Wednesday February 10 2016
Just a single lunch break on a hot day can damage unprotected skin
"No safe way to suntan, new NICE guidance warns," BBC News reports. The guidelines, produced by the National Institute for Health and Care Excellence (NICE), also stresses the benefits of moderate sun exposure.
This will help prevent vitamin D deficiency; which is more common in the UK than many people realise. It is estimated that around one in five adults and older children (aged between 11 and 18) have low vitamin D status. The figure is around one in seven for younger children.
What are the risks of overexposure?
Sunlight contains ultraviolet A (UVA) and ultraviolet B (UVB) radiation, both of which can be harmful to the skin. (The guidelines do not discuss artificial sources of UV light, such as sunbeds, but these are also thought to be harmful).
Risks of overexposure to sunlight include:
Non-melanoma is a leading cause of disfigurement, with an estimated quarter of a million cases occurring each year in the UK. Melanoma is a leading cause of cancer deaths in younger adults. More than 2,000 people die every year in the UK from melanoma.
Overexposure can also cause premature ageing of the skin, which can lead to signs and symptoms, such as :
- enlarged blackheads
- loss of skin elasticity
Groups of people particularly vulnerable to overexposure include:
- children (particularly babies) and young people
- people who tend to burn rather than tan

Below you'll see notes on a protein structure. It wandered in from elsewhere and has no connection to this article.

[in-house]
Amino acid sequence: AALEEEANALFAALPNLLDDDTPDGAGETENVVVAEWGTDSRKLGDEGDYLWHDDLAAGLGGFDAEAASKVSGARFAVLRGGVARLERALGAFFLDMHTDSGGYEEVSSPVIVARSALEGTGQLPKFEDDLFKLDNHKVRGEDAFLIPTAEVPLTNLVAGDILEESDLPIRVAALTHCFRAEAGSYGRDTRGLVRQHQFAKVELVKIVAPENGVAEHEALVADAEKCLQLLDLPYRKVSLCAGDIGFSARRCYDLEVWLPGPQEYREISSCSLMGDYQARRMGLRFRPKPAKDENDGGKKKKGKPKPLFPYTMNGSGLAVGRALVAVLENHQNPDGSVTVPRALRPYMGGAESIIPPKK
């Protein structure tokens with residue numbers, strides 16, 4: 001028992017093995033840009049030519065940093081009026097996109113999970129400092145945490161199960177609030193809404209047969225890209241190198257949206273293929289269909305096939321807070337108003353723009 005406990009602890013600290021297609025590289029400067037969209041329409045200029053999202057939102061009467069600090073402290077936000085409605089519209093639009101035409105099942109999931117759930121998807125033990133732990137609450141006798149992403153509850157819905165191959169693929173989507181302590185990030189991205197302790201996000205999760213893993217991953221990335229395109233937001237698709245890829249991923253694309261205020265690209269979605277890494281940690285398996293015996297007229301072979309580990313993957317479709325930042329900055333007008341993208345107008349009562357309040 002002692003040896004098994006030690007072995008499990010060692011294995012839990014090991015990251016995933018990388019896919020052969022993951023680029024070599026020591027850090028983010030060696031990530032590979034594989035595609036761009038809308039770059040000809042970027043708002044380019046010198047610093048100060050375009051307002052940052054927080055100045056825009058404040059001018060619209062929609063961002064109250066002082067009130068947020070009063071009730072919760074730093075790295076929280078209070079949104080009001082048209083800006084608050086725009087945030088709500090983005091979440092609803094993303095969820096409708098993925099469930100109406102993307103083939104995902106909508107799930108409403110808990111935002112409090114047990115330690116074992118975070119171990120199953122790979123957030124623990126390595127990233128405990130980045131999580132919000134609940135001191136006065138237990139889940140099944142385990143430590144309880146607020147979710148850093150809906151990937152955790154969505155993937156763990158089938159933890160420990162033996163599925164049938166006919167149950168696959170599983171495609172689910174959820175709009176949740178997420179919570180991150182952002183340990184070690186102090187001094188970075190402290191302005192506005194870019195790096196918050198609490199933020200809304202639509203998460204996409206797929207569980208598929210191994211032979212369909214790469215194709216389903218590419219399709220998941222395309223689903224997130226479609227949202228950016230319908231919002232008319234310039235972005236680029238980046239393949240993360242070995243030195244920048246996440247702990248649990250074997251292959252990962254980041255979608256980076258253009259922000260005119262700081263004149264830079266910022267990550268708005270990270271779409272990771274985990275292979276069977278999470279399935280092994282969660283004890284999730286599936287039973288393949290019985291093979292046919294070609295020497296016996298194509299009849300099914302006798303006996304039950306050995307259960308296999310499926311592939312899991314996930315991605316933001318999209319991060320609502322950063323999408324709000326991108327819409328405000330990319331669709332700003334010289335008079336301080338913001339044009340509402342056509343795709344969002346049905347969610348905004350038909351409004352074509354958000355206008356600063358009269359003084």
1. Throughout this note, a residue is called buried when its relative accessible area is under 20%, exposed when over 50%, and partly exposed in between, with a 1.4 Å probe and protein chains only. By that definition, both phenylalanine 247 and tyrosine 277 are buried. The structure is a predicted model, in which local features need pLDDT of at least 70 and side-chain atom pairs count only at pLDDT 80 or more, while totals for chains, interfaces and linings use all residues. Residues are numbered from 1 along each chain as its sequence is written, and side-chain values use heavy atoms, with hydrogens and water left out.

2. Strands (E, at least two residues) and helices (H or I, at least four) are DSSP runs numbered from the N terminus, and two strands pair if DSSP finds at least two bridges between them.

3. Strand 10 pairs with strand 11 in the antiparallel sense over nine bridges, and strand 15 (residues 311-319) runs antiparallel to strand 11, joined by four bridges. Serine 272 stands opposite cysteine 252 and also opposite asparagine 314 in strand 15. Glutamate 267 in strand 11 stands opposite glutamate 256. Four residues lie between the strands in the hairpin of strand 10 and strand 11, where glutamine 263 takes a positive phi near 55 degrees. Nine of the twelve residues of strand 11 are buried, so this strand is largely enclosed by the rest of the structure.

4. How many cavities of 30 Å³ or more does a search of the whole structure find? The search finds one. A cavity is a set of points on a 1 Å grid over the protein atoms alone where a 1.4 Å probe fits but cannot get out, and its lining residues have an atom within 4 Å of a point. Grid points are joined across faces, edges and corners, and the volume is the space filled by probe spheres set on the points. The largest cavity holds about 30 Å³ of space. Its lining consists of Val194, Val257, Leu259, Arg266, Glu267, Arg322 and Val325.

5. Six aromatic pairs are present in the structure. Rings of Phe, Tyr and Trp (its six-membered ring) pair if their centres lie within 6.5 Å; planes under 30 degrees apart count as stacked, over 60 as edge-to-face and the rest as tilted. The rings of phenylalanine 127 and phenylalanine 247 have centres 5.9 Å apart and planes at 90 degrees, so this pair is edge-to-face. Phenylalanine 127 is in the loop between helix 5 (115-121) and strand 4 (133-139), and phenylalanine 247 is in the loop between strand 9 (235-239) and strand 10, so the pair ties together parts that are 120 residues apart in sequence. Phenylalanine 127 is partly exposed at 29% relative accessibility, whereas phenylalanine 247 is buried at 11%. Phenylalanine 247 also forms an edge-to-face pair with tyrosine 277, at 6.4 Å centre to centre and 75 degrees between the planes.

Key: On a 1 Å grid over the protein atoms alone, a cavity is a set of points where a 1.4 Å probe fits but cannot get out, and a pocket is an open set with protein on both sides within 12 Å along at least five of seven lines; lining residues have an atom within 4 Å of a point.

- people with lighter skin, fair or red hair, blue or green eyes, or who have lots of freckles
- people with many moles
- people who are immunosuppressed (that is, they have less resistance to skin problems as a result of a disease or use of particular drugs)
- people with a personal or family history of skin cancer (even if their natural skin colour is darker than that of the family member who had cancer)
- outdoor workers
- those with outdoor hobbies, for example, sailing or golf
- people who sunbathe
- people who take holidays in sunny countries
Avoid strong sunlight
Avoid spending long periods of time in strong sunlight. The sun is at its strongest from 11am to 3pm from March to October. It can also be very strong and have potentially damaging effects at other times. Even if it is cool or cloudy, it is possible to burn in the middle of the day in summer.
Wear suitable clothing
Skin should be protected from strong sunlight by covering up with suitable clothing, finding shade and applying sunscreen.
Suitable clothing includes:
- a wide-brimmed hat that shades the face, neck and ears
- a long-sleeved top
- trousers or long skirts in close-weave fabrics that do not allow sunlight through
- sunglasses with wraparound lenses or wide arms with the CE Mark and European Standard EN 1836:2005
When buying sunscreen, make sure it's suitable for your skin and blocks both ultraviolet A (UVA) and ultraviolet B (UVB) radiation.
The sunscreen label should have:
- the letters "UVA" in a circle logo and at least 4-star UVA protection
- at least SPF15 sunscreen to protect against UVB
Most people do not apply enough sunscreen. The amount of sunscreen needed for the body of an average adult to achieve the stated sun protection factor (SPF) is around 35ml or six to eight teaspoons of lotion.
If sunscreen is applied too thinly, the amount of protection it gives is reduced. If you're worried you might not be applying enough SPF15, you could use a stronger SPF30 sunscreen.
If you plan to be out in the sun long enough to risk burning, sunscreen needs to be applied twice:
- 30 minutes before you go out
- just before going out
Sunscreen should be applied to all exposed skin, including the face, neck and ears (and head if you have thinning or no hair), but a wide-brimmed hat is better.